Initial results of the Provisional Regulations on Labour Dispatching
The Bank of China recently announced that six months after the Provisional Regulations on Labour Dispatching came into effect in 2014, its proportion of dispatched workers had gone down to 2% from 20% in 2013, with the changeover to contractual work expected to be complete by the year’s end.
According to the Ministry of Human Resources and Social Security, the proportion of dispatched workers in state-owned enterprises may be as high as 60%. The banking sector is where those workers are mainly concentrated. According to the 2013 annual reports of the 16 listed banks, the number of dispatched workers in China’s banking sector had reached 200,000, with the four largest state-owned banks accounting for over 150,000 of them. In recent years, with problems like unequal status, unequal pay or unequal social protection for equal work, a number of dispatched workers have felt they are being treated as inferior to others and thus have little sense of belonging.
Promulgated by the Ministry of Human Resources and Social Security, the Provisional Regulations on Labour Dispatching came into effect on 1 March 2014. The regulations address long-standing issues around the identification of dispatched worker posts, and equal pay for equal work. At last it was possible to take a load off the mind of every dispatched worker who wants to become a “regular worker”.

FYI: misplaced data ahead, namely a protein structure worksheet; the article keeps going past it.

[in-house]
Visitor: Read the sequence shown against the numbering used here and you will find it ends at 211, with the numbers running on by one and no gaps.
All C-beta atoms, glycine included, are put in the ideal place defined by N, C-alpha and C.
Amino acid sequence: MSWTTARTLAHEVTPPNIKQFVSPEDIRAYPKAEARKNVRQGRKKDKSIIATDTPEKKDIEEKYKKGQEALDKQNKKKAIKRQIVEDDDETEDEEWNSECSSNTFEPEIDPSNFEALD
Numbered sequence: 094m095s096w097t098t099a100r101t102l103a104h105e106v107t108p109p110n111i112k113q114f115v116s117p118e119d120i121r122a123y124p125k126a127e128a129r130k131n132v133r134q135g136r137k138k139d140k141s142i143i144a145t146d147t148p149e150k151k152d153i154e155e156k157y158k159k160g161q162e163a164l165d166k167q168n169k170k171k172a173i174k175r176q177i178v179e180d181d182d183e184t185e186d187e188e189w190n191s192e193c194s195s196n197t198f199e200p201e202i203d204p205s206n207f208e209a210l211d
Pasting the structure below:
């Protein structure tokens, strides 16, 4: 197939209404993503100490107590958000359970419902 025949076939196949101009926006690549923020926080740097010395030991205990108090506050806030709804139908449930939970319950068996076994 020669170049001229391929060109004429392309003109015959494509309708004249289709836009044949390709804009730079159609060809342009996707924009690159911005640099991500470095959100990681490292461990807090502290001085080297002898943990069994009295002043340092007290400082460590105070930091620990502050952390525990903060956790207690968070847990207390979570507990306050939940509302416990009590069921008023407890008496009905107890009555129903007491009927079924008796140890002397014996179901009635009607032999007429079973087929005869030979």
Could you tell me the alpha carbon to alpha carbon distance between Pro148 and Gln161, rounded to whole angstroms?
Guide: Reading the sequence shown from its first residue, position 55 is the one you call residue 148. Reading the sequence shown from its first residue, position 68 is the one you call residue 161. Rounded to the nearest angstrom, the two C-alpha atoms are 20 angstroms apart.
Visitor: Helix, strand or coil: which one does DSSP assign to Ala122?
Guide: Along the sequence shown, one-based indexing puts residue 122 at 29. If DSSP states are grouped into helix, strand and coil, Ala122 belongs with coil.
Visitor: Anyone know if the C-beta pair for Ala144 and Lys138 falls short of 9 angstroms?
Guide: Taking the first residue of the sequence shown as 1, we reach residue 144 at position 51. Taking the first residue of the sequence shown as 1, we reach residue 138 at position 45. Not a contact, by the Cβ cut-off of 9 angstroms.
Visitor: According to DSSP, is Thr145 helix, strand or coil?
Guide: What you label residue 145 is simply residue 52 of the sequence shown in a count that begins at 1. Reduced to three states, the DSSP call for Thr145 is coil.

A spokesperson for the Ministry’s Labour Relations Department says that following the first half year’s implementation of the regulations, the general situation remains stable, the quality of the dispatching agencies has improved, the practice of dispatching has undergone continuous standardization, and the drop in the number of dispatched workers has not affected employment stability. But he also points out that reducing the proportion of dispatched workers remains a hard nut for enterprises to crack.
According to the Provisional Regulations on Labour Dispatching, employing units should maintain strict control over the number of dispatched workers, whose proportion should not exceed 10% of the total workforce.
For their part, employing units are indeed endeavouring to resolve the problem. In the past few years, through the selection and recruitment of excellent dispatched workers, the Bank of China has turned about 10% of the total into contractual workers. Yet despite its best efforts, the number of dispatched workers in the bank in 2013 stood at 58,000, making up 20% of the total.
It is inevitable that dispatched workers will eventually be converted. But some enterprises are yet to form a common understanding about whether or not to go ahead, how much they can do and how to go about it.